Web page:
A feeding trial was conducted to evaluate the performance of laying hens fed varying dietary levels of Toasted Bambara Offals (TBO). The TBO was included in the diet at five levels of 0, 5, 10, 15 and 20 percent. A total of ninety laying hens on their eight week of lay were used for the trial that lasted for 133 days. The ninety birds were randomly assigned to the five dietary levels (0, 5, 10, 15 and 20 percent) with 18 birds per levels. Each dietary level was further replicated four times in a completely randomized design. Results showed that egg weight (g), yolk weight (g) and albumen weight (g) were significantly (P<0.05) affected by treatments. Values of 61.38, 64.00, 64.67, 65.00 and 68.45 g was recorded as egg weights for birds on the 0, 5, 10, 15 and 20 percent diets respectively. Yolk weight was 16.53, 16.50, 16.43, 17.83 and 18.07 for 0, 5, 10, 15 and 20 percent diets respectively and albumen weight of 37.78, 39.51, 39.44, 39.82, 43.09 was also observed in that order. The cost of feed (N) significantly (P<0.05) decreased as level of TBO in the diets increased. Cost of feed consumed/bird (N) significantly decreased as level of TBO in the diets increased. Total eggs produced/bird followed the same trend. Profit recorded from sale of eggs was significantly (P<0.05) highest at the 10 percent level. A value of N 1139.81 was recorded for the 10 percent diet, as compared to N1120.13; N1126.96, N1089.75 and N1083.87 recorded for the control, 5, 15 and 20 percent diets respectively. The results of the present study showed that TBO can be fed at 10 percent to laying hens to replace substantial levels of the more costly maize and soyabean meal. This level of feeding will ensure optimum performance and economic benefit to the farmer.
  A.E. Onyimonyi , S.O.C. Ugwu and N.S. Machebe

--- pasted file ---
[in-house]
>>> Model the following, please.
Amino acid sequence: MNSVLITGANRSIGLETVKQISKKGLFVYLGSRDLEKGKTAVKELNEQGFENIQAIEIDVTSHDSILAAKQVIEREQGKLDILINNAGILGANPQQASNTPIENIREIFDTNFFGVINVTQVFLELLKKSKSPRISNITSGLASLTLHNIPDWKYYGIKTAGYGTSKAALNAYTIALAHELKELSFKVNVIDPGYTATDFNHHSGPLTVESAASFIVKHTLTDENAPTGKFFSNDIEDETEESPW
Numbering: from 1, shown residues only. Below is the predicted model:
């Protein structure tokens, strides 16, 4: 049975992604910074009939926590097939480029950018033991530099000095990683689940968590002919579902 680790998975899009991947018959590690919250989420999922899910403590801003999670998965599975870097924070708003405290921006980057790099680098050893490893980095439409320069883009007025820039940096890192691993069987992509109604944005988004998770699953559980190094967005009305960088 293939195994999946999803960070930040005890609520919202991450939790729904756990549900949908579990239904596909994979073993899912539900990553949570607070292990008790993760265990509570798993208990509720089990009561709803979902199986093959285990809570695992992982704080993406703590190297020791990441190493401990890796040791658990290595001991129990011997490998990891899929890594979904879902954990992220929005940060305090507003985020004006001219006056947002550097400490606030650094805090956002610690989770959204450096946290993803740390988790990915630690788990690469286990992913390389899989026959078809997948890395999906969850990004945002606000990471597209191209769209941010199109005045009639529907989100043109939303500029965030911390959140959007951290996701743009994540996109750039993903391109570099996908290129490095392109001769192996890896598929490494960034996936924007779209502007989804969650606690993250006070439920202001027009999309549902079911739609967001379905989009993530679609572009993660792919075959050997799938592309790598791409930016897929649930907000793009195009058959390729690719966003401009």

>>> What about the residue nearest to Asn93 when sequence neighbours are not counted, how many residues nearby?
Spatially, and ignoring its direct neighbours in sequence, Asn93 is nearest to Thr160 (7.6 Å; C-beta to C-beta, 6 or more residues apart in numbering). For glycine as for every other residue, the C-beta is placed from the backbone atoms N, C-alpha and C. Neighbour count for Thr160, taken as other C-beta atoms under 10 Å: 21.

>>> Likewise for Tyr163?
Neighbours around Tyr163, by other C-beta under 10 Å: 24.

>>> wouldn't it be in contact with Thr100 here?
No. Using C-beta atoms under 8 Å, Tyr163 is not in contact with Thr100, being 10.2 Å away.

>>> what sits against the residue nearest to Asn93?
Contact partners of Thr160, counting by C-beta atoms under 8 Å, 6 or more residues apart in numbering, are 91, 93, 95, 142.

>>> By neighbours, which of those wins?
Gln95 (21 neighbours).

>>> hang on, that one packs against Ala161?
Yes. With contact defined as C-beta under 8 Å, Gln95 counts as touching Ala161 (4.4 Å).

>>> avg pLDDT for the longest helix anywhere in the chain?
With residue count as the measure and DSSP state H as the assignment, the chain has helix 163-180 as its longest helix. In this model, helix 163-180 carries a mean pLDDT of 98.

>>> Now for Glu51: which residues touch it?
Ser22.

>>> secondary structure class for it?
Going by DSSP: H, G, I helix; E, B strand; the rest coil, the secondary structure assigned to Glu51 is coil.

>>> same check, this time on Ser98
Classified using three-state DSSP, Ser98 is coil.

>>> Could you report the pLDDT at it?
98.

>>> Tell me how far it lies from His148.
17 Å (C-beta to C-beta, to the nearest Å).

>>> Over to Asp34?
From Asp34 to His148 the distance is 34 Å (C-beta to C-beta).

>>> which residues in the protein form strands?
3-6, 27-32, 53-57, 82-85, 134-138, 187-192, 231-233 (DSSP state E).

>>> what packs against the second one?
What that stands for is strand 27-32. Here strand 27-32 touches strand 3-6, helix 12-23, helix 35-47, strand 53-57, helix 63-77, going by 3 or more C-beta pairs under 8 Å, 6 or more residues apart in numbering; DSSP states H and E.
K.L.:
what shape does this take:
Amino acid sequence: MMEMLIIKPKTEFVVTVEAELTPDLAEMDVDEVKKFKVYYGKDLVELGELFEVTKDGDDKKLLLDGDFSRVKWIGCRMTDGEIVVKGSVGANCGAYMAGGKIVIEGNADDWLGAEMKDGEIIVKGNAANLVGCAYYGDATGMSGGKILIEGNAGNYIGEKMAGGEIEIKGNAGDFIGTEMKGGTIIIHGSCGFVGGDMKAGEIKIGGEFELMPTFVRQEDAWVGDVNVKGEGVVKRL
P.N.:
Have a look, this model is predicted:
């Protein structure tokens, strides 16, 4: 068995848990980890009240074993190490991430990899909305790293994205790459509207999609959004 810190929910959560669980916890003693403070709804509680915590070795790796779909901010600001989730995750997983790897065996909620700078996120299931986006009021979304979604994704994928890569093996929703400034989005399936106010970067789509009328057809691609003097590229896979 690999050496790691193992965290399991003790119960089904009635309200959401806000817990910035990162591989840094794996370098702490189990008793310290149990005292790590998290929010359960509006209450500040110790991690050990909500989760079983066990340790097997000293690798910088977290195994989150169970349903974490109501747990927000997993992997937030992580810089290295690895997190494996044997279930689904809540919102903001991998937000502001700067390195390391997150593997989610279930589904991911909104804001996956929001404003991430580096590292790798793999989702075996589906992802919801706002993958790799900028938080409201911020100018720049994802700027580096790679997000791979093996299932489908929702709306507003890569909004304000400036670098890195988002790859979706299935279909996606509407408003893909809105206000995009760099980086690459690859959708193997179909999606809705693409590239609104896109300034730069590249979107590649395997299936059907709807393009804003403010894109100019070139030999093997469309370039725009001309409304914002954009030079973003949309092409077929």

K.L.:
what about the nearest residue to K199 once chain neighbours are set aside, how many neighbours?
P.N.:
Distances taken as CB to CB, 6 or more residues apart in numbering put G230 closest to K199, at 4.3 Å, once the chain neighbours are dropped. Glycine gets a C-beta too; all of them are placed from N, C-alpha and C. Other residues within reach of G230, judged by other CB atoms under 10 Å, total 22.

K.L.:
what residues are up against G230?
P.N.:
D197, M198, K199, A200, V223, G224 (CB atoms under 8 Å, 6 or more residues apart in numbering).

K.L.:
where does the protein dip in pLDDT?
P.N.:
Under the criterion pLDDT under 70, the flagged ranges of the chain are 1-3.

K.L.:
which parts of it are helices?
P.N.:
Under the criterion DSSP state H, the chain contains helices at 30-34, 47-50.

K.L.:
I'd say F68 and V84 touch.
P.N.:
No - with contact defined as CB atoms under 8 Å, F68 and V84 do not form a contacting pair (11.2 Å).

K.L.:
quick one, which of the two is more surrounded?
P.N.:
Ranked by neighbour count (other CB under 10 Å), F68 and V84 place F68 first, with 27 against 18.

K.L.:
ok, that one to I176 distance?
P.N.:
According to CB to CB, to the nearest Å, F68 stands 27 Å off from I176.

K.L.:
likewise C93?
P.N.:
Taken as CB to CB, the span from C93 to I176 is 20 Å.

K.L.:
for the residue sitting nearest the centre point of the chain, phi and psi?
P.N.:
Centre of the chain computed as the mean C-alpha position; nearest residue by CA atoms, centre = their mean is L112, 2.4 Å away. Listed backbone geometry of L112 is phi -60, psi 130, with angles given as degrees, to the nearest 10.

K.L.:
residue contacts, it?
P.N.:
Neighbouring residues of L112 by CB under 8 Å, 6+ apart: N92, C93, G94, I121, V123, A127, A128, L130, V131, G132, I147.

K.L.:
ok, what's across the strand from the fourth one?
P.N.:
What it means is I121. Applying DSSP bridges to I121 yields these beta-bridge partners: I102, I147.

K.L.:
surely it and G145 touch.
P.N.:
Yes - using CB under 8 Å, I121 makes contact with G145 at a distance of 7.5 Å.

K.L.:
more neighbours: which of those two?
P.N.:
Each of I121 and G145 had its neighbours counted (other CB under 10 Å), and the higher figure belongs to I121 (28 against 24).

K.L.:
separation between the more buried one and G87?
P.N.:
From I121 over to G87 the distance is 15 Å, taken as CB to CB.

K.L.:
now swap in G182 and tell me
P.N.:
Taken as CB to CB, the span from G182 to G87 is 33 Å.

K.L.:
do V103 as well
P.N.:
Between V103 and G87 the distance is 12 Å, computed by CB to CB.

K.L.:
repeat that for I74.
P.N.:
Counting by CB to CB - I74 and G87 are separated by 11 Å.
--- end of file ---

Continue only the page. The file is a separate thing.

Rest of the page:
The performance of growing pigs fed on basis of percentage of their body weight was evaluated using twenty four growing pigs of Landrace x Large White crosses weighing averagely 35±0.5 kg at the start of the study. The pigs were assigned to four treatments and each treatment was replicated thrice with two pigs per replicate in a Completely Randomized Design. An 18% CP and 11.82 MJME/kg diet was formulated and fed at levels of 10, 8, 6 and 4% of body weights in treatments 1, 2, 3 and 4 respectively. The feeding trial lasted for 56 days. Results showed that treatment effect on the response parameters were significant (P<0.05). As percentage of body weight feeding reduced, final body weight of the pigs increased significantly (P<0.05). Pigs on treatments 2, 3 and 4 had a final body weight of 68.64, 67.62, 67.68 kg respectively which differed from the 60.03 kg observed for pigs on treatment 1. Pigs fed 4% of their body weight (Treatment 4) showed superiority in the response parameters. Pigs on Treatment 4 had a feed cost/kg gain value of 79.56 naira which differed significantly from 263.21 naira, 161.78 naira and 120.67 naira recorded for pigs on T1, T2 and T3 respectively. Linear body measurement of the pigs followed the same trend as observed in the other response parameters. Pigs on T4 recorded the highest significant (P<0.05) changes in chest girth, height at withers and body length. It is concluded that feeding growing pigs at level of 4% of their body weight leads to optimum performance and better economic returns.